For students interested in food, history and Indigenous culture, the Spanish department is introducing a new class in the Spring 2023 semester at Cal Poly Humboldt, La Cocina Nuestra (SPAN 480).
As described on the course poster, students who take SPAN 480 will learn about the sustainable methods and ethnocultural techniques that the Indigenous peoples of the Americas used for thousands of years to fish, hunt, forage, grow and prepare food in order to nourish, celebrate and heal.
“Food brings us all together– and so, I think that that focusing on food as an important part of culture is very worthwhile and we have someone who is a foodie, he loves food and he’s into cooking and exploring recipes and things like that,” said Matthew Dean, the programs leader for the Department of World Languages and Cultures (WLC).
The course is three units, has no prerequisites and is being taught in English by Russel Carlos Gaskell, a faculty member of the WLC Spanish program. However, he is going to bring in community speakers who have first hand knowledge about certain aspects of the course.
The class will be on Thursdays from 5:30 p.m. to 8:20 p.m. in the Behavior and Social Sciences building room 166 for the first five to six weeks of the class. The following 10 weeks will be at the D Street Neighborhood Center on 1301 D St, Arcata, CA 95521. The maximum number of students allowed to take this course is 25 people.
The concept of the course is to bring students back to the pre-Columbian Americas from the Aleutian Islands in Alaska to Patagonia in South America. Students are going to learn about the techniques used to gather and hunt for foods as well as the ingredients and cooking methods used by the Indigenous peoples. Students will use that information combined with their intuition to try and recreate dishes that people may have been eating back then.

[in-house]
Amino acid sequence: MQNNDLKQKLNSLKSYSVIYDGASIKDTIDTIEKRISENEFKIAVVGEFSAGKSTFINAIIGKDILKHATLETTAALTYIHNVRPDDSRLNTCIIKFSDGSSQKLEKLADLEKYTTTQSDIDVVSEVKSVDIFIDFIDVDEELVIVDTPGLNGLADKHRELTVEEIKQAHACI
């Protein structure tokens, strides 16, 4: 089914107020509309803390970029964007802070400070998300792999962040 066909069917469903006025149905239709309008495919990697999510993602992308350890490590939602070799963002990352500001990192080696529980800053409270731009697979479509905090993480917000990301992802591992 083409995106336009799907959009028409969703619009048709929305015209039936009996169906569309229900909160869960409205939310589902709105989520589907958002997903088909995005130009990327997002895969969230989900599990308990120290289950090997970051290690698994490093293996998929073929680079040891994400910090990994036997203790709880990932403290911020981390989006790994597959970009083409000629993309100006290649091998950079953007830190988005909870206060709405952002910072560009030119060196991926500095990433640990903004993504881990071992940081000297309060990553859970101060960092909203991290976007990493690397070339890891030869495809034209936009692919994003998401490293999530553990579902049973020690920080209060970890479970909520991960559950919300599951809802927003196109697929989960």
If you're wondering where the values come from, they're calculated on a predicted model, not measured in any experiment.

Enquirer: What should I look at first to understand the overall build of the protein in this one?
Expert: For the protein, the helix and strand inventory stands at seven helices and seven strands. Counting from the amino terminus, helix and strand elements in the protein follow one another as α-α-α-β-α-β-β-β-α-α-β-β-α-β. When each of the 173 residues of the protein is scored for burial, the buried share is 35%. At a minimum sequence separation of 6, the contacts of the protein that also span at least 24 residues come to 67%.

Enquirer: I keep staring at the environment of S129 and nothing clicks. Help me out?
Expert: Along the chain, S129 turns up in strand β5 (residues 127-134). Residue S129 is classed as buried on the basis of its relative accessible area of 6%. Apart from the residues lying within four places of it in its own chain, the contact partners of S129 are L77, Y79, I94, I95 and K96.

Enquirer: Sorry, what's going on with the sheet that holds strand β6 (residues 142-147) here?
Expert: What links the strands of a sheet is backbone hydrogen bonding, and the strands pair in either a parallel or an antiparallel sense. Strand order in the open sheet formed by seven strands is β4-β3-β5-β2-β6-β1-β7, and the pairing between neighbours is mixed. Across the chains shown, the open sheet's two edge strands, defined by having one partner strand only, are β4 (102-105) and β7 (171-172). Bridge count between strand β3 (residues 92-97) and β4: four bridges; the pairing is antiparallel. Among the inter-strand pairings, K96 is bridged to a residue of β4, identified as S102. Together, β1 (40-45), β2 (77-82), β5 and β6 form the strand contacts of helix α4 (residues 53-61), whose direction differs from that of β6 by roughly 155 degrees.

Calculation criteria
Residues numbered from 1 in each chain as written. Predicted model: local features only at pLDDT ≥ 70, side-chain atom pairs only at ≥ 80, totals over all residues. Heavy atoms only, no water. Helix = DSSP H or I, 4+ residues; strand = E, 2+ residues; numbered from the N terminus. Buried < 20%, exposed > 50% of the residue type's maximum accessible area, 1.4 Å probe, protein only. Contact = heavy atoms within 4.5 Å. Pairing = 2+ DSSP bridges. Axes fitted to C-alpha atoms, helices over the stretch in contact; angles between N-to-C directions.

The first five to six weeks of the class will be theoretical learning, reading the required texts and listening to community speakers. The next five weeks will be hands-on cooking experience to try to recreate the dishes using one’s own intuition and experience with cooking. The last five weeks the students will teach the class their own home recipes from their ethnic background.
“Which will make it a unique course in that it’ll be different every time we run it or offer it because the students will be different, so there’ll be different perspectives that are coming in constantly to the course,” Gaskall said. “And we’re gonna learn a lot anyway from each other just throughout the course. This is the first time that we’re doing it so we’ll see where it leads us.”
One of the hopeful outputs of the course will be a recipe book. This recipe book will include a glossary of all of the terms and food items that were introduced during this course. The recipe portion of the book will include the pre-columbian recipes they tried to recreate and the recipes of the students that participated.
It will include pictures, lists of ingredients and familial anecdotes associated with the dish such as when they eat it, who they eat it with, how long the family has been using this recipe, where they learned the recipe and such.
For more information, click the link.